HKS Affiliated Authors

Director of the Carr Center for Human Rights Policy
Berthold Beitz Professor in Human Rights, Global Affairs and Philosophy

Additional Authors:

  • Maggie Gates


[The following represents solely our own views and does not necessarily represent the views of the institution.]

The reporting and images from the Hamas attacks on Israel from Gaza that we have seen in recent days are devastating, harrowing, and disturbing. Many here at Harvard have roots in or ties to the region and have been following the news with great fear and anxiety. 

We do not know yet how all this will go on, but it is certain that the lives of many will be changed beyond recognition. There is a good chance of this conflict escalating in the next few days or weeks, with many more casualties and much more trauma on both sides, with spill-over effects in many places around the world. This extends to Harvard and the Boston area, too, where so many people live who have these roots or ties to Israel and Palestine. 

This is a time to mourn for the people who were killed, and a time to hope that the wounded will receive good care. We hope that the people who were abducted will not be used as human shields in the likely invasion of Gaza, but that instead they will be treated with the kindness that is due to the innocent, and that serious efforts will be deployed to secure their release.  

Our hearts break for those who lost family or friends, or who for now either must live with the uncertainty of not knowing what happened to their loved ones or with the fear for their safety if their loved ones have been abducted. Nobody should ever have to live through such acts of brutality, and there is no justification for such acts of terrorism. The innocent people who were killed, wounded, raped, or abducted in towns and villages outside of the Gaza area, at the Supernova festival and many other places, were grabbed from the midst of their lives because they were at the wrong place at the wrong time. Acknowledging all the loss and pain inflicted by these acts of terrorism is the main thing to do right now.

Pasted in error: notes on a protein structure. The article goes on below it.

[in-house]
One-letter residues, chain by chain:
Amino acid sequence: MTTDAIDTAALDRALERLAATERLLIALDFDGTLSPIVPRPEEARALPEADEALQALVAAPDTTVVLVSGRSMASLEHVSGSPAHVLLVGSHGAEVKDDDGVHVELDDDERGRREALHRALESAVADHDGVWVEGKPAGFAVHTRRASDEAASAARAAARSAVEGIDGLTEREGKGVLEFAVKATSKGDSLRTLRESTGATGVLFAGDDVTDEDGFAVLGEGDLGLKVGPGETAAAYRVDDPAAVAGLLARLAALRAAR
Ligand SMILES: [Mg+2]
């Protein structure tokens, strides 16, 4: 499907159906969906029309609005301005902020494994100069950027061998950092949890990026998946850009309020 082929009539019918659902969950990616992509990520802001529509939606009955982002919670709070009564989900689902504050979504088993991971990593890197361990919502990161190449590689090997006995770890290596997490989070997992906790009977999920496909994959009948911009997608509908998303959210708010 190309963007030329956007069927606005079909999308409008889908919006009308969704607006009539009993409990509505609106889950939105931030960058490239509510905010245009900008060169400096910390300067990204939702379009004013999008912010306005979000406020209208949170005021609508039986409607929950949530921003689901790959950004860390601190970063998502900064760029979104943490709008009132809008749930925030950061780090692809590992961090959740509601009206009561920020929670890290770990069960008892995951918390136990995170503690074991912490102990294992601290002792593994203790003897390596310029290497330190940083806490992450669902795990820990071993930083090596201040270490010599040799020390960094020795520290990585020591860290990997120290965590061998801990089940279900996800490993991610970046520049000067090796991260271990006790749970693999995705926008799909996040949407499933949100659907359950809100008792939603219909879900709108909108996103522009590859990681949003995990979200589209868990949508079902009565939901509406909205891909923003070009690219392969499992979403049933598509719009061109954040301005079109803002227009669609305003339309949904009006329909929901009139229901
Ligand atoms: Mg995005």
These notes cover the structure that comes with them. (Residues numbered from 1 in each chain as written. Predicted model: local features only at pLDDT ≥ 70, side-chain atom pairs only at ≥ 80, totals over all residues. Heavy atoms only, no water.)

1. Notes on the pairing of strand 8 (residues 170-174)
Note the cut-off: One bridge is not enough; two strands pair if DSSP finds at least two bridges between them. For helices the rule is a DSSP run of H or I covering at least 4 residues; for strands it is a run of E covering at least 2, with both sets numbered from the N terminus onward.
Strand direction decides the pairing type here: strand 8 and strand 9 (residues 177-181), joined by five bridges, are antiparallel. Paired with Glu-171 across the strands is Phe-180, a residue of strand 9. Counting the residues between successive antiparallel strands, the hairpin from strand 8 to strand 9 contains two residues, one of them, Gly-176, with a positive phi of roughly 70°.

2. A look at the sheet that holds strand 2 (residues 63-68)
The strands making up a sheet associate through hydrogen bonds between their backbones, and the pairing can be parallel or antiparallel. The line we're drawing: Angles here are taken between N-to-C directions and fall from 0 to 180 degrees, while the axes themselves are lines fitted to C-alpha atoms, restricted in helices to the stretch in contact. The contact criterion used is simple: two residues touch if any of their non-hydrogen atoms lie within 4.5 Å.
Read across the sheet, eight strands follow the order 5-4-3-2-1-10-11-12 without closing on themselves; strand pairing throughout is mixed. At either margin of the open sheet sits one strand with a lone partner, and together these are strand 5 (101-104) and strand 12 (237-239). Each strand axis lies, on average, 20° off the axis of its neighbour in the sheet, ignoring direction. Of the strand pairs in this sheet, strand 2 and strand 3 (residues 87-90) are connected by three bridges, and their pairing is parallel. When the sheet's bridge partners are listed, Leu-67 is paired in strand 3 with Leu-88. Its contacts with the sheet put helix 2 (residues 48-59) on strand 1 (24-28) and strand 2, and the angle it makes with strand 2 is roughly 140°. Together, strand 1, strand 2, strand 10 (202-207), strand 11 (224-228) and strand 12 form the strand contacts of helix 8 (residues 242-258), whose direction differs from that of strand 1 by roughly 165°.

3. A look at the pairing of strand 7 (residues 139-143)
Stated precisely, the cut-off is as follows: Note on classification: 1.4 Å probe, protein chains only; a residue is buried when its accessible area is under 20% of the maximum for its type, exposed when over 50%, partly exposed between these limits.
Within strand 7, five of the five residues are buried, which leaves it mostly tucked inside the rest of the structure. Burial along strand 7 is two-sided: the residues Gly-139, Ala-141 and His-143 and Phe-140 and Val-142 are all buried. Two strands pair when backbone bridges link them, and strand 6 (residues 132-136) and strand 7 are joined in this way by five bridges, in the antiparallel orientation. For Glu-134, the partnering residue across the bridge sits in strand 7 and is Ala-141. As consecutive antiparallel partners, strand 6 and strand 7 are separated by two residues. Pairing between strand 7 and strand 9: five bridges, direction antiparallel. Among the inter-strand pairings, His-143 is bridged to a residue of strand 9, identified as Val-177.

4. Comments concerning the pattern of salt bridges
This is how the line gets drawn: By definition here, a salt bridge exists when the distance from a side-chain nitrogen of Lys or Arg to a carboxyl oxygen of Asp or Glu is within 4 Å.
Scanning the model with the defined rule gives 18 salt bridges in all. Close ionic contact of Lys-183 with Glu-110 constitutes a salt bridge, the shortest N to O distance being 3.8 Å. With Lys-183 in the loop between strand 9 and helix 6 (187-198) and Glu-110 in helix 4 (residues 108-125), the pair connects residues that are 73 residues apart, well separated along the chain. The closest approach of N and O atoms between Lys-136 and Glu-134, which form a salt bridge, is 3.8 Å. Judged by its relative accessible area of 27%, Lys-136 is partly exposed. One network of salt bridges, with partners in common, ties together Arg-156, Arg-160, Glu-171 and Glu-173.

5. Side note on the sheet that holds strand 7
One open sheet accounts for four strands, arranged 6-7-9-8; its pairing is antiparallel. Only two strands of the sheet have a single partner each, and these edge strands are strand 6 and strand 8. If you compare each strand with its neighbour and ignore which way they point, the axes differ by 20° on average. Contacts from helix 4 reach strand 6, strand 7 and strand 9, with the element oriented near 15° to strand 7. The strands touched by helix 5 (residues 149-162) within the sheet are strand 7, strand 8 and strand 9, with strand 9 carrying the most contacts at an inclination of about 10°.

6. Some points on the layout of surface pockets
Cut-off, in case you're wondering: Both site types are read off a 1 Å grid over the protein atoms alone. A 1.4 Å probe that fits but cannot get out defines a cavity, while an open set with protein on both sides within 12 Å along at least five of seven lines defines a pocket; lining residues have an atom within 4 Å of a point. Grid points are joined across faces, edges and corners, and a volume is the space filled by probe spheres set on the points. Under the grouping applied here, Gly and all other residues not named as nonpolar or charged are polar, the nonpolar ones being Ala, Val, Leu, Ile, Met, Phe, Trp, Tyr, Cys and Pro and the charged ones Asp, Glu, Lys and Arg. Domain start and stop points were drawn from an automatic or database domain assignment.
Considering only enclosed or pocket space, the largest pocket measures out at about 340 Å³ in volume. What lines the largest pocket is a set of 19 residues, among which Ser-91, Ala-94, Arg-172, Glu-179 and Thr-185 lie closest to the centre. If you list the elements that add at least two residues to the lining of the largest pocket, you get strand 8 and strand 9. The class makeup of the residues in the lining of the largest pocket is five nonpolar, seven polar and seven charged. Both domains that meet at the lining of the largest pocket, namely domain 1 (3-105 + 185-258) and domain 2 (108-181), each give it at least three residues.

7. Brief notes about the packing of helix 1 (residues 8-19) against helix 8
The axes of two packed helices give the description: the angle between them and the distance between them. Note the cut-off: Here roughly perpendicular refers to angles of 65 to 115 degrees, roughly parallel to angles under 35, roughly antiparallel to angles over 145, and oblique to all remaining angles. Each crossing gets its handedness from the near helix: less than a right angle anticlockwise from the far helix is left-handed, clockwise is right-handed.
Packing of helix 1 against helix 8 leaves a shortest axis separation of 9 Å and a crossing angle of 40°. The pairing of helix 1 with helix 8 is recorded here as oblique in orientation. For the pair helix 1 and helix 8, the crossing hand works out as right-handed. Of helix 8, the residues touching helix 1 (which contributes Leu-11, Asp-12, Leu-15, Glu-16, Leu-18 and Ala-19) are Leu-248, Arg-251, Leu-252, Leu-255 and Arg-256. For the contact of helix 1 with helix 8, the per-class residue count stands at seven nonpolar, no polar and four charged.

The conflict between the State of Israel and the Palestinian people is one of the most visible human-rights issues in the world, and it has been for decades. Millions in the region are not safe and lack basic means for living a minimally decent life. This is a conflict with a deep history and a great deal of complexity, which has affected and engaged millions in very different ways. People — reasonable and caring people — have very different perspectives on it, perspectives so dramatically at odds that their defenders are often beyond seeing where the other side even comes from.

The events of this weekend are the terrible next chapter in this conflict, and remind us that over generations the various leaders in this conflict have failed to reach an enduring resolution that alone could create the conditions for a peaceful future. Some will say that on a day like this, it is not “the bigger picture” that we should be talking about. But we sincerely hope that any military and political decisions made soon will be made with an eye on the fact that, when this chapter of the conflict ends, people in the region will still live near each other, and that there will only ever be peace if a solution is found that is acceptable on all sides.

There were many comparisons to 9/11 this weekend in discussions of the Hamas attacks. Decisions made back then were very much driven by the pain inflicted by the attacks on NY and DC, and in hindsight we see that the decisions made in that spirit mostly set the stage for ever more suffering around the world. Many Palestinian civilian lives have already been lost in the counter strikes, and many more will suffer immensely during the siege of Gaza. Our hearts go out to them as well. As near impossible as it will be for many who are now in pain, we must continue to witness what is happening and contribute to a public debate about what is to be done that will prevent terrorist brutality in the future.

Mathias Risse, Faculty Director

Maggie Gates, Executive Director